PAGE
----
# Pyro for Directed Bayesian Network Inference

I am new to Pyro. I would like to know if Pyro works for the inference of graphical models. I want to first generate a simple case.

The discrete Bayesian Network has three nodes: A, B, C and all of them are binary variables. The graphical structure is B \leftarrow A \rightarrowC. Hence, the joint probability can be expressed by
P(A, B, C) = P(A)P(B|A)P(C|A). Now, we have some observations of A, B, C, i.e. [0,1,0], [1,1,1],[0,0,1] … The goal is to compute A* = argmax_{A}P(A|B=0).

As we know, A, B, C all have the observations and there are also some dependencies among them. In a traditional way, we need to perform parameter learning of the conditional probability p(A), P(B|A), P(C|A) and then do inference. I am very interested in what Pyro can do!

Thank you so much for any help and attention.

I also wrote some codes but it does not work. ‘RuntimeError: result type Float can’t be cast to the desired output type Int’. I do not know if it is on the right track or not.

```def bn(data):
pa = pyro.sample(‘pa’,dist.Beta(1,1))
pb0 = pyro.sample(‘pb0’,dist.Beta(1,1))
pb1 = pyro.sample(‘pb1’, dist.Beta(1,1))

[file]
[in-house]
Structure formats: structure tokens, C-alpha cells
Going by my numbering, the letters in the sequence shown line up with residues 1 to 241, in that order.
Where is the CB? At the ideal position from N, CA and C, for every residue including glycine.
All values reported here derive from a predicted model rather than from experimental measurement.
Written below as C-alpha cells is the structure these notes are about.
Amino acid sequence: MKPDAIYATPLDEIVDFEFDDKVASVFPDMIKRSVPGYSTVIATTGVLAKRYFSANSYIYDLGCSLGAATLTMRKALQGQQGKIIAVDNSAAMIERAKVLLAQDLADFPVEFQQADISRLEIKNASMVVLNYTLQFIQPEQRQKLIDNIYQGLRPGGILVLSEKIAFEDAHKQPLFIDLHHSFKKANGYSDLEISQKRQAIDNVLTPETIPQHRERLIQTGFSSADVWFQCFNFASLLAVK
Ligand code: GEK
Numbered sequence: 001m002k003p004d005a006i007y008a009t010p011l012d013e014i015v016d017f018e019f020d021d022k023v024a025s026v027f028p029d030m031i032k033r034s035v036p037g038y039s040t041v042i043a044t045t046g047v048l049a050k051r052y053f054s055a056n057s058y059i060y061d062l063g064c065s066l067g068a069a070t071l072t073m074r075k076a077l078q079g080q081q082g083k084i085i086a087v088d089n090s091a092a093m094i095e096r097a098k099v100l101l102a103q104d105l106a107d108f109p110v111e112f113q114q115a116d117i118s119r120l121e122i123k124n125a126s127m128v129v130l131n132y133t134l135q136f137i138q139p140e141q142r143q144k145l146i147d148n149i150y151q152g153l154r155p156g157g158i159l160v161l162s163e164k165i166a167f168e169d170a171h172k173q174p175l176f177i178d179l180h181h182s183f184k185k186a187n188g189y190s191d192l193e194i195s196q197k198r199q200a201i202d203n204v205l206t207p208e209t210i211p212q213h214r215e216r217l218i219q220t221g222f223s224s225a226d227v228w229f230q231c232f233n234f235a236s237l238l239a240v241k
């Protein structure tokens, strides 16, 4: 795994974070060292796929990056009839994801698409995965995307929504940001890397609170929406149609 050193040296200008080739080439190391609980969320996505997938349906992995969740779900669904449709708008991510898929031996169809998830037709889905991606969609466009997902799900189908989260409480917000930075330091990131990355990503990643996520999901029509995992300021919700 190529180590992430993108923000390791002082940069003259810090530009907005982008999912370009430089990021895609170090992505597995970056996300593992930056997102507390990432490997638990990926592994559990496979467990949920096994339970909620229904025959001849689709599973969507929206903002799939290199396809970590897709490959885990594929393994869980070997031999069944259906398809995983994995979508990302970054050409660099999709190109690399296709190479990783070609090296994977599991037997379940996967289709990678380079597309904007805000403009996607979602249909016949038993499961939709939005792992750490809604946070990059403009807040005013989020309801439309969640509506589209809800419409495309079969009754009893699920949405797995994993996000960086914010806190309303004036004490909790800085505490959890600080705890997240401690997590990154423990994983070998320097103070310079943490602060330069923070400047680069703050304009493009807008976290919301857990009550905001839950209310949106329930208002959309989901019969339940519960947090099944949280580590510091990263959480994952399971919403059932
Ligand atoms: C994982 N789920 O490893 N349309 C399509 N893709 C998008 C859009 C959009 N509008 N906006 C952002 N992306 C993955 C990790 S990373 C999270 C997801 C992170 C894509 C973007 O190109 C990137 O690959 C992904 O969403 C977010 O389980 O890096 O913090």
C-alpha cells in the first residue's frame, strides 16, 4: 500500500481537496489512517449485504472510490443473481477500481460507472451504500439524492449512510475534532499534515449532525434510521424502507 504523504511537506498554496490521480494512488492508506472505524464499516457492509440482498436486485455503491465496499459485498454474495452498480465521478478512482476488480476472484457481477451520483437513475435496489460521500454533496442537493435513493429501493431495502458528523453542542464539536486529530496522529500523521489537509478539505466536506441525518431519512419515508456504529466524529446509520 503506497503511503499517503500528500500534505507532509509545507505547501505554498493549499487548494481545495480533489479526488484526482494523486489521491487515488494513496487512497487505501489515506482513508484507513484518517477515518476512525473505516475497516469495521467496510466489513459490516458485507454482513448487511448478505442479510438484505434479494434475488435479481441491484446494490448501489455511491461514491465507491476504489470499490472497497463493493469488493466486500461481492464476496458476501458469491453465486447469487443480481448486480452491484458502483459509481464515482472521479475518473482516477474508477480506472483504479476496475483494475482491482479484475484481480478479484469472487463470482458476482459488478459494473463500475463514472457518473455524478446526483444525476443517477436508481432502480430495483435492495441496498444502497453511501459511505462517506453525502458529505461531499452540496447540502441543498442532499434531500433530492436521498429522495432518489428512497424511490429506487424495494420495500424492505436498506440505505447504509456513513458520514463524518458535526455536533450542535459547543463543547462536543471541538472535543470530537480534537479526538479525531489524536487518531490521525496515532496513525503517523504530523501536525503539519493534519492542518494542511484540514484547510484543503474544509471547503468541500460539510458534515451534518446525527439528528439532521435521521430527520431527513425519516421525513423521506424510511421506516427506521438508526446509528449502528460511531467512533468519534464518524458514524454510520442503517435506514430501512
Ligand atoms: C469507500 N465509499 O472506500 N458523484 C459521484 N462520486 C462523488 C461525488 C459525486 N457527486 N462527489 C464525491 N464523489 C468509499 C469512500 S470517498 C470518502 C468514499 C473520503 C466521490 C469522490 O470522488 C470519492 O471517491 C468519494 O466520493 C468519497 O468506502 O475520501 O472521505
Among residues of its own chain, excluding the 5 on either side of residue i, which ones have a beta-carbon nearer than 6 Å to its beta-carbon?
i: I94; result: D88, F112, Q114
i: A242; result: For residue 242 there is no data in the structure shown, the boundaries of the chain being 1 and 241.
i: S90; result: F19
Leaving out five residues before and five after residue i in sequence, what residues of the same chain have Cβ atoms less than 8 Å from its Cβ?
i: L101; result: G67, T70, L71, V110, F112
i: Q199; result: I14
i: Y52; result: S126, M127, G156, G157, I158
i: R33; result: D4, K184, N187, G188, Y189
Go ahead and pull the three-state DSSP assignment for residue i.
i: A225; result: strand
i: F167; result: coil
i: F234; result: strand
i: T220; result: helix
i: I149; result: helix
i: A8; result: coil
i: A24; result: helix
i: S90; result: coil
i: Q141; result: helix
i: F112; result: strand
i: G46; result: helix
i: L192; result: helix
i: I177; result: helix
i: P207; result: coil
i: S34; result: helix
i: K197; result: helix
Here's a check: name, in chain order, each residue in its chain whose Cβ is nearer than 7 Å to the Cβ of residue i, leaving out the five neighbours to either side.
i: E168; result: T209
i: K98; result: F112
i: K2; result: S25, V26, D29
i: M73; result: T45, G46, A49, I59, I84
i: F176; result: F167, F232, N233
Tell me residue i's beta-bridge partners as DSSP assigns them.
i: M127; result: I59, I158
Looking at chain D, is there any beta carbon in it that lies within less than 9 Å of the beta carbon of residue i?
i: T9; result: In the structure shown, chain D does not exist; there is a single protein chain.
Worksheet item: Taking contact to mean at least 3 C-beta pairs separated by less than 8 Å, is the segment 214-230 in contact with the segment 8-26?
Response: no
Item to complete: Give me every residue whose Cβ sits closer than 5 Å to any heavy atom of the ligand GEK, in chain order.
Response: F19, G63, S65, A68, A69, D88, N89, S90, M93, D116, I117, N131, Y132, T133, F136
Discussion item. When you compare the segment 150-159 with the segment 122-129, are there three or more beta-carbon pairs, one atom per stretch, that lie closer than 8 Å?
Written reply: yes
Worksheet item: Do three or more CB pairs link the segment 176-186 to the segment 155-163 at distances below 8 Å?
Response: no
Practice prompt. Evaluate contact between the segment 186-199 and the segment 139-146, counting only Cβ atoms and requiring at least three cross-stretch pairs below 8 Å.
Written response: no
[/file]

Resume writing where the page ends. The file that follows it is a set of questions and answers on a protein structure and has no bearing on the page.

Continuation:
pc0 = pyro.sample(‘pc0’, dist.Beta(1,1))
pc1 = pyro.sample(‘pc1’, dist.Beta(1,1))
for i in pyro.plate(“data_loop”, len(data)):
A =pyro.sample(‘A_{}’.format(i),dist.Bernoulli(pa), obs = torch.tensor(data[:,0][i],dtype=torch.int))
if A==0:
B = pyro.sample(‘B_{}’.format(i),dist.Bernoulli(pb0), obs = torch.tensor(data[:,1][ i])
C = pyro.sample(‘C_{}’.format(i),dist.Bernoulli(pc0),obs = torch.tensor(data[:,2][i]))
if A==1:
B = pyro.sample(‘B_{}’.format(i),dist.Bernoulli(pb1), obs = torch.tensor(data[:,1][i])
C = pyro.sample(‘C_{}’.format(i),dist.Bernoulli(pc1), obs = torch.tensor(data[:,2][i])
return B,C

def guide(data):
p = pyro.param(“p”, torch.randn(5, 2).exp(), constraint=constraints.simplex)
pa = pyro.sample(‘pa’, dist.Beta(p[0,0],p[0,1]))
pb0 = pyro.sample(‘pb0’, dist.Beta(p[1,0],p[1,1]))
pb1 = pyro.sample(‘pb1’, dist.Beta(p[2,0],p[2,1]))
pc0 = pyro.sample(‘pc0’, dist.Beta(p[3,0],p[3,1]))
pc1 = pyro.sample(‘pc1’, dist.Beta(p[4,0],p[4,1]))
return pa, pb0, pb1, pc0, pc1
```

Hi!
As for your error, are you sure your `data` tensor is integer-valued? It seems there is a problem with the conversion, and I would bet it happens on line 7 of your `bn` function.
Otherwise I think this looks pretty coherent, but I haven’t run the code

Thank you so much for your reply. My data is integer-valued which has numpy int32 format. But this code does not solve the problem A* = argmax_{A}P(A|B=0) even if it works. I would like to know first if it is on the right track or not.

Hi, I haven’t run your code but your model seems fine. I would suggest vectorizing over observations and using indexing instead of Python conditionals so that it is compatible with Pyro’s enumeration machinery for discrete variables: